Against absurd odds, Lisa Sette Gallery on Scottsdale's Marshall Way can boast that three of her gallery artists -- Enrique Chagoya, Claudio Dicochea and Angela Ellsworth -- have been handpicked to show work at the 17th Biennale of Sydney, which runs from May 12 through August 2010. Sydney's Biennale, a multi-venue contemporary arts exhibition, will be spread throughout locations surrounding Sydney Harbor, including Sydney's Museum of Contemporary Art (MCA) (which, incidentally, has for the first time given over all its galleries to the Biennale). Other venues include the Royal Botanic Gardens, the Sydney Opera House and Cockatoo Island, whose checkered history embraces being a former imperial prison, industrial school, reformatory and gaol (that's Britspeak for holding tank). It is also the site of one of Australia's biggest shipyards, originally built by convicts.
Out of 166 artists chosen worldwide to participate in Australia's largest and most respected visual arts event, 17 are from the U.S. and, out of those 17, three are Sette artists. You do the math, given the hundreds of thousands of artists who would give their eye teeth and/or first born to be a part of this international arts-do.
Painters Enrique Chagoya and Claudio Dicochea, both born in Mexico, as well as interdisciplinary artist Angela Ellsworth, were selected by renown British curator David Elliott, artistic director for the event, which is based on the rather ominous-sounding, but intriguing, theme, "The Beauty of Distance: Songs of Survival in a Precarious Age." Elliot's contemporary art credentials, if measured in carat weight like diamonds, would sink an aircraft carrier.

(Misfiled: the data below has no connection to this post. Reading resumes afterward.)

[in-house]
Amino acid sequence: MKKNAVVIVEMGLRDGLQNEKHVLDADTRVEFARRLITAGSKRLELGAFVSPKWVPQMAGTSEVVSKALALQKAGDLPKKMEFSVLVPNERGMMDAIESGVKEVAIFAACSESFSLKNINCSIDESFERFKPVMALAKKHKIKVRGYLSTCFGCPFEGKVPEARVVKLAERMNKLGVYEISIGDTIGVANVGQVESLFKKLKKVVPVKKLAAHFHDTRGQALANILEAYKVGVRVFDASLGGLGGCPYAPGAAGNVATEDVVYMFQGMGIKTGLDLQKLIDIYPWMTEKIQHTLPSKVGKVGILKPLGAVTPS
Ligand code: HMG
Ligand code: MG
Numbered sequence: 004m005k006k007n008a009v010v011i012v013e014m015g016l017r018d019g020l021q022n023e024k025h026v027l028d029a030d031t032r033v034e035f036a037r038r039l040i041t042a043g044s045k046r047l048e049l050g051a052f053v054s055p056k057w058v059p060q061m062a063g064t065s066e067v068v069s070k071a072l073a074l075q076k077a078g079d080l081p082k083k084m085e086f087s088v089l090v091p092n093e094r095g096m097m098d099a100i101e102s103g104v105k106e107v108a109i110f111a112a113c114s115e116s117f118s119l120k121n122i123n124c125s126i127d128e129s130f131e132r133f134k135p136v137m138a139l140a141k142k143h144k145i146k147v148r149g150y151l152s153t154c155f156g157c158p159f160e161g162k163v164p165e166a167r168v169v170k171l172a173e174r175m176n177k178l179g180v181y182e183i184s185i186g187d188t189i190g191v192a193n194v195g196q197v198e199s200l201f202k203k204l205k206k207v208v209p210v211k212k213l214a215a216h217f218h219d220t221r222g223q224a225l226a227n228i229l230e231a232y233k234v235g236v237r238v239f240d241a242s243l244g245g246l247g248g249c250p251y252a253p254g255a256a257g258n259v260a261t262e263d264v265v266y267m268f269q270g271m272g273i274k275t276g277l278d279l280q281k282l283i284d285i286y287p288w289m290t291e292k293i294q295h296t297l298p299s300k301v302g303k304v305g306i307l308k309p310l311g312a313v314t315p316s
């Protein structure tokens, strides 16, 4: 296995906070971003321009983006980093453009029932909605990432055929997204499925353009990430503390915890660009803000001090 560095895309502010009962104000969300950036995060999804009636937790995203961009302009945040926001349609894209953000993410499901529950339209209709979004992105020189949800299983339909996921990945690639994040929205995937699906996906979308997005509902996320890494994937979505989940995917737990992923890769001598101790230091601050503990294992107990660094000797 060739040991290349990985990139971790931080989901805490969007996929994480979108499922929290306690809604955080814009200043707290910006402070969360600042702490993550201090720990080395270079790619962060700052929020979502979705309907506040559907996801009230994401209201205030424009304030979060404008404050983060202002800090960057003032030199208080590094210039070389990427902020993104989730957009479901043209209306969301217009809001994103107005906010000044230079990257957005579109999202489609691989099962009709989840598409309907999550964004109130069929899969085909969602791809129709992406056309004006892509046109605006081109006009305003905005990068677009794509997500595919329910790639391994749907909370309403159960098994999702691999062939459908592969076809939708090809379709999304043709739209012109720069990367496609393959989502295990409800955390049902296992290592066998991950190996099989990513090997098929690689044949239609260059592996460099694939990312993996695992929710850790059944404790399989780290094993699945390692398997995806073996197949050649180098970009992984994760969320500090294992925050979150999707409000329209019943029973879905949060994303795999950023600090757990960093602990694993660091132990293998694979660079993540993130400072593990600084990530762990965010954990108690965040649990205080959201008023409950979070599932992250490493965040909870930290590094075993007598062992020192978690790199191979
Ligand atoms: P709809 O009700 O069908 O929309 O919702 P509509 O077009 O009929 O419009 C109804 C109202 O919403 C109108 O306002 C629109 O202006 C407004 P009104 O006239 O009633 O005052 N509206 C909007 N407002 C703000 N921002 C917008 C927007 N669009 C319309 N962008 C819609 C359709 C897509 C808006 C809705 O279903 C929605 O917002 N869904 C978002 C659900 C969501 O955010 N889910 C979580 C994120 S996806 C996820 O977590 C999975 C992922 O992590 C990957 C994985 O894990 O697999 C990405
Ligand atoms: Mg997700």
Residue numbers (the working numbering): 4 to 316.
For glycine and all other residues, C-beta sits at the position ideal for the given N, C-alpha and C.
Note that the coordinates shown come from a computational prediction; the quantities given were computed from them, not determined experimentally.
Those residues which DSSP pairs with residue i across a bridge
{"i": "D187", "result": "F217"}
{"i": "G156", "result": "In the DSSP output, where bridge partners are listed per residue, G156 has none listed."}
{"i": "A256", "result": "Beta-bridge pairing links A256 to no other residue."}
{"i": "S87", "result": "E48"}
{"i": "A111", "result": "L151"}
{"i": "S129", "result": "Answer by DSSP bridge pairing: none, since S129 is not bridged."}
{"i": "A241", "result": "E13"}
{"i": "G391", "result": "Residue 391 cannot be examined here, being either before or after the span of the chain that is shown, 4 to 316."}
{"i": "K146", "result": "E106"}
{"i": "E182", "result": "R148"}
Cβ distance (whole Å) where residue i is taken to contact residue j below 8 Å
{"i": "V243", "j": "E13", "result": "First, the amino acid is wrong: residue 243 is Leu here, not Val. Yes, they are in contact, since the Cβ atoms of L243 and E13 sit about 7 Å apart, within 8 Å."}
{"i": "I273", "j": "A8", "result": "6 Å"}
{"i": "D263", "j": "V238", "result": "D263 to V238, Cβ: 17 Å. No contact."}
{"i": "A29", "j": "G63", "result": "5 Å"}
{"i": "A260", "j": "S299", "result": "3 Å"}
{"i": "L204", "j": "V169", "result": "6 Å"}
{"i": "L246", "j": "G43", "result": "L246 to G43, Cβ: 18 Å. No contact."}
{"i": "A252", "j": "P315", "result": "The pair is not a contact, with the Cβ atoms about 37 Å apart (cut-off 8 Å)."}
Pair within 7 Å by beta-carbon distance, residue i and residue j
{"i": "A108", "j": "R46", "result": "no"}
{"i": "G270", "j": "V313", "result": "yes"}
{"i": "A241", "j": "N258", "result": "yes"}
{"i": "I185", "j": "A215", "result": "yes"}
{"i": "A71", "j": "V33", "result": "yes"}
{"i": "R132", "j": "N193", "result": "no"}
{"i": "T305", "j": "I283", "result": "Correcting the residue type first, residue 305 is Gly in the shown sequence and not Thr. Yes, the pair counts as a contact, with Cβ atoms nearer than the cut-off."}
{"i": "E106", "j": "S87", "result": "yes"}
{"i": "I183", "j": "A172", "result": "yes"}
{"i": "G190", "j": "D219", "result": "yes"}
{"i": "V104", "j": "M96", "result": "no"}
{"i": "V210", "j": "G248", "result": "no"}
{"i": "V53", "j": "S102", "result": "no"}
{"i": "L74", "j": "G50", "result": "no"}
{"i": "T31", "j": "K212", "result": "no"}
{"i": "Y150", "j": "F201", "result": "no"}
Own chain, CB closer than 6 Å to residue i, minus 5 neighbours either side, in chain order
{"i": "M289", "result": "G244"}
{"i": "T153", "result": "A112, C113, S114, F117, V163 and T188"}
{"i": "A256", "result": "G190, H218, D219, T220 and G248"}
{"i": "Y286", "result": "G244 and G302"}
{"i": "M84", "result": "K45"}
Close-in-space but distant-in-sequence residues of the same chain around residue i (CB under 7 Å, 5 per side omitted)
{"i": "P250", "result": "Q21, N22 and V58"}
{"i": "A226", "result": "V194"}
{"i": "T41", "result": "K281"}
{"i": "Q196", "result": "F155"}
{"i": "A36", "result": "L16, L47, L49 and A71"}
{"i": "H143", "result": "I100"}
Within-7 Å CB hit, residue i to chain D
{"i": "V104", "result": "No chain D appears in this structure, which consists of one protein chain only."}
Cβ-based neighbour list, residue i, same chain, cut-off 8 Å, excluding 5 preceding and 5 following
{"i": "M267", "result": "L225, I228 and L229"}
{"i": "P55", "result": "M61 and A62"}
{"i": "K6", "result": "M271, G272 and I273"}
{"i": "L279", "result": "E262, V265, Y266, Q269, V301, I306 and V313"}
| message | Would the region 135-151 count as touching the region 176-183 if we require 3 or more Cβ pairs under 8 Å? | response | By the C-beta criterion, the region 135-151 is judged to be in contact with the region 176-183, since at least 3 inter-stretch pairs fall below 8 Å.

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According to Sette, several years ago, at the behest of ASU's Future Arts Research (F.A.R.), Elliott was brought to the Valley to give a lecture. Intrigued by what he was seeing art wise in the Valley, he came back three months later and did artist studio visits, as well as gallery and museum stops. It was at Sette's gallery that he first saw Ellsworth's pearl-encrusted bonnets based on fundamentalist Mormon "seer" bonnets (which New Times featured when they were shown in Scottsdale), a faux pre-Columbian codex on handmade amate paper by Chagoya, who specializes in mixing and skewering pre-Columbian and Mexican colonial history with global, primarily American, pop culture and several canvases by Dicochea, who updates and lampoons 18th century Mexican colonial paintings called castas, literally "castes," which purport to "scientifically" categorize offspring of different races living in colonial Mexico.
Ellsworth, whose installation will be mounted at MCA, along with high-profile French-American Louise Bourgeois (Phoenix has one of her gigantic sculptures at its renovated Convention Center) will also be doing an interactive performance piece in an unlikely, out-of-the-way Sydney Harbor venue guaranteed to dazzle and confuse international guests as much as she has Phoenicians.
All of the locally chosen artists have ties to ASU: a number of paintings, including a codex by Chagoya, are currently in ASU Art Museum's collection; Dicochea just obtained his M.F.A. from ASU last year; and Ellsworth teaches Intermedia in the university's Herberger College of the Arts.